Among older men, low D3-creatine dilution (D3Cr) muscle mass/weight was observed to be associated with increased risk for hip fractures. These findings were published in the Journal of Bone and Mineral Research.

The Osteoporotic Fractures in Men (MrOS) study was a multicenter cohort study conducted between 2000 and 2002. Men aged 65 years and older without bilateral hip replacements were evaluated for baseline bone health. Between 2014 and 2016, survivors of the original MrOS cohort were invited to be re-evaluated for this analysis. Study participants (N=1363) were assessed for incidence of hip fracture, bone mineral density (BMD) via dual-energy x-ray absorptiometry (DXA) scan, D3Cr muscle mass/weight, and 10-year Fracture Risk Assessment Tool (FRAX) risk. Determination of D3Cr was accomplished by urine creatine concentration 3 to 6 days following a 30-mg dose of labeled creatine.

A total of 13.2% of men had at least 1 clinical fracture. Fractures were nonspine fractures (n=153), major osteoporotic fractures (n=85), and hip fractures (n=40).


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Participants with (n=40) and without (n=1326) incident hip fracture had a mean age of  86.0±4.6 and 84.1±4.0 years (P =.004), body mass index (BMI) was 25.8±3.4 and 26.8±3.7 kg/m2, D3Cr muscle mass/weight was 0.28±0.04 and 0.31±0.05 (P =.004), and 82.5% and 60.2% had a previous fracture (P =.004), respectively.

After adjusting for height and weight, D3Cr muscle mass/weight was correlated with femoral neck BMD (r, 0.10; P <.001) and total hip BMD (r, 0.14; P <.001).

Stratified by quartile of D3Cr muscle mass/weight, an inverse relationship was reported between hip and major osteoporotic fractures. Men in the lowest quartile had higher rates of hip fractures (9.0 vs 2.4 per 1000 person-years [py]) and major osteoporotic fractures (19.0 vs 9.6 per 1000 py) compared with the highest quartile, respectively. A negative relationship between D3Cr muscle mass/weight and any fracture (37.3 vs 23.2 per 1000 py) or nonspine fracture (29.5 vs 18.1 per 1000 py) was not observed; however, men in the lowest quartile still had increased fracture rates compared with the highest quartile, respectively.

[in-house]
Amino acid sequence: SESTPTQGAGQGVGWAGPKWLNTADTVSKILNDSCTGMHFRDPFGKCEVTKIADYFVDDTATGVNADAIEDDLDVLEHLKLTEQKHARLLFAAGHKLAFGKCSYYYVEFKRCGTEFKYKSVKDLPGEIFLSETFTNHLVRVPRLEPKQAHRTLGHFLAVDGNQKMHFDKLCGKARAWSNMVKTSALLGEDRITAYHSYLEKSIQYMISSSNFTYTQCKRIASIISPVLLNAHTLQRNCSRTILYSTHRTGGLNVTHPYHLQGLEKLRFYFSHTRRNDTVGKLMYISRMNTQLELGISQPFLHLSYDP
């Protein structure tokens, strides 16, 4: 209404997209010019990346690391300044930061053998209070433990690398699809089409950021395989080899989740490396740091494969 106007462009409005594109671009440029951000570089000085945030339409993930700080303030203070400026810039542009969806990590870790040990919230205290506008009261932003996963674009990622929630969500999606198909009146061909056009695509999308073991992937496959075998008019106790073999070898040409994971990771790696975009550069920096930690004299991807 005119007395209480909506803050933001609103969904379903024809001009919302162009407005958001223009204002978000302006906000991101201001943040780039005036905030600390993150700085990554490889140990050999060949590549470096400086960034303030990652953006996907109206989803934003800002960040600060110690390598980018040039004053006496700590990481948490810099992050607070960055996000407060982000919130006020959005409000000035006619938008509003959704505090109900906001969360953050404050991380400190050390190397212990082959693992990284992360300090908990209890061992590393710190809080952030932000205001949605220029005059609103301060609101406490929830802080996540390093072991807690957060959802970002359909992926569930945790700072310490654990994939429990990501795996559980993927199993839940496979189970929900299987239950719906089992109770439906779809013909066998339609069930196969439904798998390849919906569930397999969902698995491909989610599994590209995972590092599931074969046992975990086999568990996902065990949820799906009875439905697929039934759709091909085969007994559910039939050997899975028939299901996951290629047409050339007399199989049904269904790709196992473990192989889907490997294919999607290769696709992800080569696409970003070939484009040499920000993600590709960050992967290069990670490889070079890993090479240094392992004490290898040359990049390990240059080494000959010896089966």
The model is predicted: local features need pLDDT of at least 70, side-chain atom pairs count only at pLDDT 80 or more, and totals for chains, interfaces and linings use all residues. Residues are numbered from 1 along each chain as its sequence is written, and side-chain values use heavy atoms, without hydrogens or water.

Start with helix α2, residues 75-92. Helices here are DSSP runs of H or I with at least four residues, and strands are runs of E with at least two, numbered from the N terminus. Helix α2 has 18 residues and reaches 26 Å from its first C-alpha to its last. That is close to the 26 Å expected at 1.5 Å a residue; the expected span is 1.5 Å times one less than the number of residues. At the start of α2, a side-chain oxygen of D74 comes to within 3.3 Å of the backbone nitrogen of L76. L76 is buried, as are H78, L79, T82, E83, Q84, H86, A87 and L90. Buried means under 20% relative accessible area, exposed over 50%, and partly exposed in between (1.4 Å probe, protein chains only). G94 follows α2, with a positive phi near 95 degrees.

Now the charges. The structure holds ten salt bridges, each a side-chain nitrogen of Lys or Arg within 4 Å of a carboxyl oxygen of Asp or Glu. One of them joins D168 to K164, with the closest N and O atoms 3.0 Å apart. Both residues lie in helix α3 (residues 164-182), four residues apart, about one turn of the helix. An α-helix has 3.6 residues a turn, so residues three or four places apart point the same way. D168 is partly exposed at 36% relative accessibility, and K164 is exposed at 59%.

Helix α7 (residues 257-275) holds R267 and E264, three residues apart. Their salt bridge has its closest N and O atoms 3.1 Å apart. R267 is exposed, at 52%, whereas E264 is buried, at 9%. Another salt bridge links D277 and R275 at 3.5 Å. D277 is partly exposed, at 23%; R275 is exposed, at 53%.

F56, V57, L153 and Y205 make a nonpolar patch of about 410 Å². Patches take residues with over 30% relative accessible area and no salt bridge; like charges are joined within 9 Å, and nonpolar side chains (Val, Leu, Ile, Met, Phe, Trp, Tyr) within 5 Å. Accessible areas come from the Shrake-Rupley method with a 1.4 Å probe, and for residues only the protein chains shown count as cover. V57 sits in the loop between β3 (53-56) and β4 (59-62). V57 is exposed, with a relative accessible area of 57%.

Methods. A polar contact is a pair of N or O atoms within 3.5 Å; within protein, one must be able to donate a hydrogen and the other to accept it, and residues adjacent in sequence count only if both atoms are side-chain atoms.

In a multivariate model, after adjusting for age, femoral neck BMD, FRAX, and fall history, for every standard deviation (SD) decrease in D3Cr muscle mass/weight, the risk for hip fracture increased by 1.8-fold (hazard ratio [HR], 1.75; 95% CI, 1.22-2.50 per SD), the rate for osteoporotic fracture increased by 1.4-fold (HR, 1.37; 95% CI, 1.08-1.74 per SD), the rate for nonspine fracture increased by 1.2-fold (HR, 1.21; 95% CI, 1.02-1.43 per SD), and the rate for any clinical fracture increased by 1.2-fold (HR, 1.22; 95% CI, 1.04-1.43 per SD).

After accounting for muscle function and physical performance, the significant associations were attenuated; however, the relationship with hip and major osteoporotic fractures trended toward significance.

This study may have been limited by not adjusting for physical activity.

This study found a relationship between low D3Cr muscle mass/weight and fracture risk among older men. Additional research is needed to determine whether the evaluation of D3Cr muscle mass/weight may have clinical utility.

Disclosure: Multiple authors declared affiliations with the biotech or pharmaceutical industries. Please refer to the original article for a full list of disclosures.

Reference

Cawthon PM, Peters KE, Cummings SR, et al; the Osteoporotic Fractures in Men (MrOS) Study Research Group. Association between muscle mass determined by d3-creatine dilution and incident fractures in a prospective cohort study of older men. J Bone Miner Res. Published online March 6, 2022. doi:10.1002/jbmr.4505

This article originally appeared on Endocrinology Advisor